[Google Earth shows garage roof, far left, with helipad space]
In a bid to attract more tenants at headquarters in McLean, Va., Corporate has asked a local planning board to allow renters to use space set aside for a helipad atop the Crystal Palace complex parking garage.
But residential neighbors are opposing the request because of concerns about noise, according to McLean Patch.
Alan Holmer, president of the McLean Hamlet Citizens Association, told the Citizens Association's Planning and Zoning committee last night that helicopter noise in the neighborhood has already reached a point that "keeps people from having normal conversations in their homes."
County authorities OK'd a helipad when the headquarters was built more than a decade ago in a suburban Washington office park. The helipad has never been used, however, and GCI doesn't own a helicopter, Patch says. Current zoning stipulates only the company is allowed to use the helipad.
The issue arose when GCI sought an exception to zoning conditions that currently restrict use of the property to a single company, according to Patch. GCI said it will consider removing the helipad transfer rights request from its application.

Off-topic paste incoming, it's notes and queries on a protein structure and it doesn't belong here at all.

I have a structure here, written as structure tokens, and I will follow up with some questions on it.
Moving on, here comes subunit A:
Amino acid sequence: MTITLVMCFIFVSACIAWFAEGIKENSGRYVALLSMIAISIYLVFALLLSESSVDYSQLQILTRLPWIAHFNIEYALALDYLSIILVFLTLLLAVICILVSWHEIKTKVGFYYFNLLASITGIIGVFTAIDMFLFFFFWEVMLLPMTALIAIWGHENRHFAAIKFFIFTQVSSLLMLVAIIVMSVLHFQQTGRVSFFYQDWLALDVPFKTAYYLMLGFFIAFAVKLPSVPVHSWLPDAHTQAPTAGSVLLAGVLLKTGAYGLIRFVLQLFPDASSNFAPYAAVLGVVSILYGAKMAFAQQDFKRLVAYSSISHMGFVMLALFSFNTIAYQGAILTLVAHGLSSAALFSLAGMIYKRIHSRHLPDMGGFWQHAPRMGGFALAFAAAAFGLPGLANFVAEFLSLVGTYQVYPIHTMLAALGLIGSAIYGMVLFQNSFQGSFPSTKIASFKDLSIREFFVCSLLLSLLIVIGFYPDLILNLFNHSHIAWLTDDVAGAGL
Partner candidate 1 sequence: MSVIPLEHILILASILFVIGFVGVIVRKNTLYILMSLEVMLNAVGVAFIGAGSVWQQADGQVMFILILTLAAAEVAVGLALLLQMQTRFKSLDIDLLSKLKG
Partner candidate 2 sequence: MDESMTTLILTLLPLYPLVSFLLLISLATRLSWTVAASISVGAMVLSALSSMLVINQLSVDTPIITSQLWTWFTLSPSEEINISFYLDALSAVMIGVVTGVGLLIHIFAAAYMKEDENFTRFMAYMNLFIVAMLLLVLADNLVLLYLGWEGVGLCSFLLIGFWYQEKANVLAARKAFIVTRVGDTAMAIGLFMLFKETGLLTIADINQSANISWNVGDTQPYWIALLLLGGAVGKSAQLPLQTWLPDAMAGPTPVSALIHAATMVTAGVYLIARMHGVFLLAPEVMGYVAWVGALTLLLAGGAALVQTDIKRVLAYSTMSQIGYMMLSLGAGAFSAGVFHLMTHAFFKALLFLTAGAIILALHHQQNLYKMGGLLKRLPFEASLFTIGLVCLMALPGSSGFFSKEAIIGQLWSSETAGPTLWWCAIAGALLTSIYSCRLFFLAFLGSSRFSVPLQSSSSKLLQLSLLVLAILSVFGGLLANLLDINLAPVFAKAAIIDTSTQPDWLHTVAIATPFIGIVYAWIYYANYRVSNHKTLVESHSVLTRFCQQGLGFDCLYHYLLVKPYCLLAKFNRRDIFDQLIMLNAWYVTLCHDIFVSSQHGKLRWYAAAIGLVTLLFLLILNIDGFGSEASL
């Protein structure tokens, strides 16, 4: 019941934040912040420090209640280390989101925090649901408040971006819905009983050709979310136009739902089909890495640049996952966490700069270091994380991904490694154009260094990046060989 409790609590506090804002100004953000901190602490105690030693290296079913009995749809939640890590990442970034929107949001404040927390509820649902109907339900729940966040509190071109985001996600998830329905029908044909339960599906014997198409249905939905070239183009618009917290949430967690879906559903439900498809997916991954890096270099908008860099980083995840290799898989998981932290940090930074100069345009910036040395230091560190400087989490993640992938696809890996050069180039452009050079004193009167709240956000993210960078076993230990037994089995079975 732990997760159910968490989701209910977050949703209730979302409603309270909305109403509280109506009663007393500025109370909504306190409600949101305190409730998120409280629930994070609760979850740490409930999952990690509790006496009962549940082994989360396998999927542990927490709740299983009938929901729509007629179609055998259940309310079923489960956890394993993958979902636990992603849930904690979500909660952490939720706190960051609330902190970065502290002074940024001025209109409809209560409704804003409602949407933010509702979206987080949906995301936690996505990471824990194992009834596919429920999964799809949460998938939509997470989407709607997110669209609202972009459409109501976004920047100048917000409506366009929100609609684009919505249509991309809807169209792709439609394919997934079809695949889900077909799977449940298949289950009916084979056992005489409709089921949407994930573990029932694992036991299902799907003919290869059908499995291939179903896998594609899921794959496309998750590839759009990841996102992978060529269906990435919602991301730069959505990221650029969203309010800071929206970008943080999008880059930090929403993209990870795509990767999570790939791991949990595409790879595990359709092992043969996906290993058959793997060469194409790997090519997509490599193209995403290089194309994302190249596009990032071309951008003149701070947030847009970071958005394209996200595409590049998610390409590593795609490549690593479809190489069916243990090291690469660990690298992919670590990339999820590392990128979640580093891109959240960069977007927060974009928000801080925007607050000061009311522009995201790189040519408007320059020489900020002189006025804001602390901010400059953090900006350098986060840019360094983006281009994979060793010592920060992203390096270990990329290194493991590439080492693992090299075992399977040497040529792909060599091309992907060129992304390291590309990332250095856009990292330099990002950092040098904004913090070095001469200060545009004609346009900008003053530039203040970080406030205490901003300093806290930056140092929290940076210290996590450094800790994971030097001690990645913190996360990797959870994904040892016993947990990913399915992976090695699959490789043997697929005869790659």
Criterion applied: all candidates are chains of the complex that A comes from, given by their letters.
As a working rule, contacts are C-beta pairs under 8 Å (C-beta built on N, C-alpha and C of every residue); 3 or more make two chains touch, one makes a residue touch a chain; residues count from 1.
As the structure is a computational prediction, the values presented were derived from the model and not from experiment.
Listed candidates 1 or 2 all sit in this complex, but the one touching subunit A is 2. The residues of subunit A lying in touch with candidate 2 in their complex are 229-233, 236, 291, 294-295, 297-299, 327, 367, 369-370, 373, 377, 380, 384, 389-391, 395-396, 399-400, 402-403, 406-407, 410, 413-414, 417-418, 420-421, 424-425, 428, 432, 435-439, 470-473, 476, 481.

Tenants for extra space
It's unclear whether the helipad actually exists yet; in a Google Earth photo, the garage roof shows only what appear to be tennis and basketball courts. However, it looks there's helipad space available on the northern end of the roof.
It's also unclear why GCI is seeking the zoning exception now; Corporate already leases office space to other companies in the complex, which also houses USA Today in its 820,000 square feet of space.
With operations shrinking, GCI has been selling or renting underused real estate across the company, CEO Gracia Martore told Wall Street media analysts during the third-quarter earnings conference call in October.
"None of our facilities, including our Tysons Corner building, are off the table," she said. "We already have tenants in the headquarters facility, and we're actively marketing additional space. We are open to all options on any other building in the portfolio, if the economics make sense. As with all of our assets, we will be opportunistic."
Still, one use of the Crystal Palace remains off the table: You still can't stage your wedding there.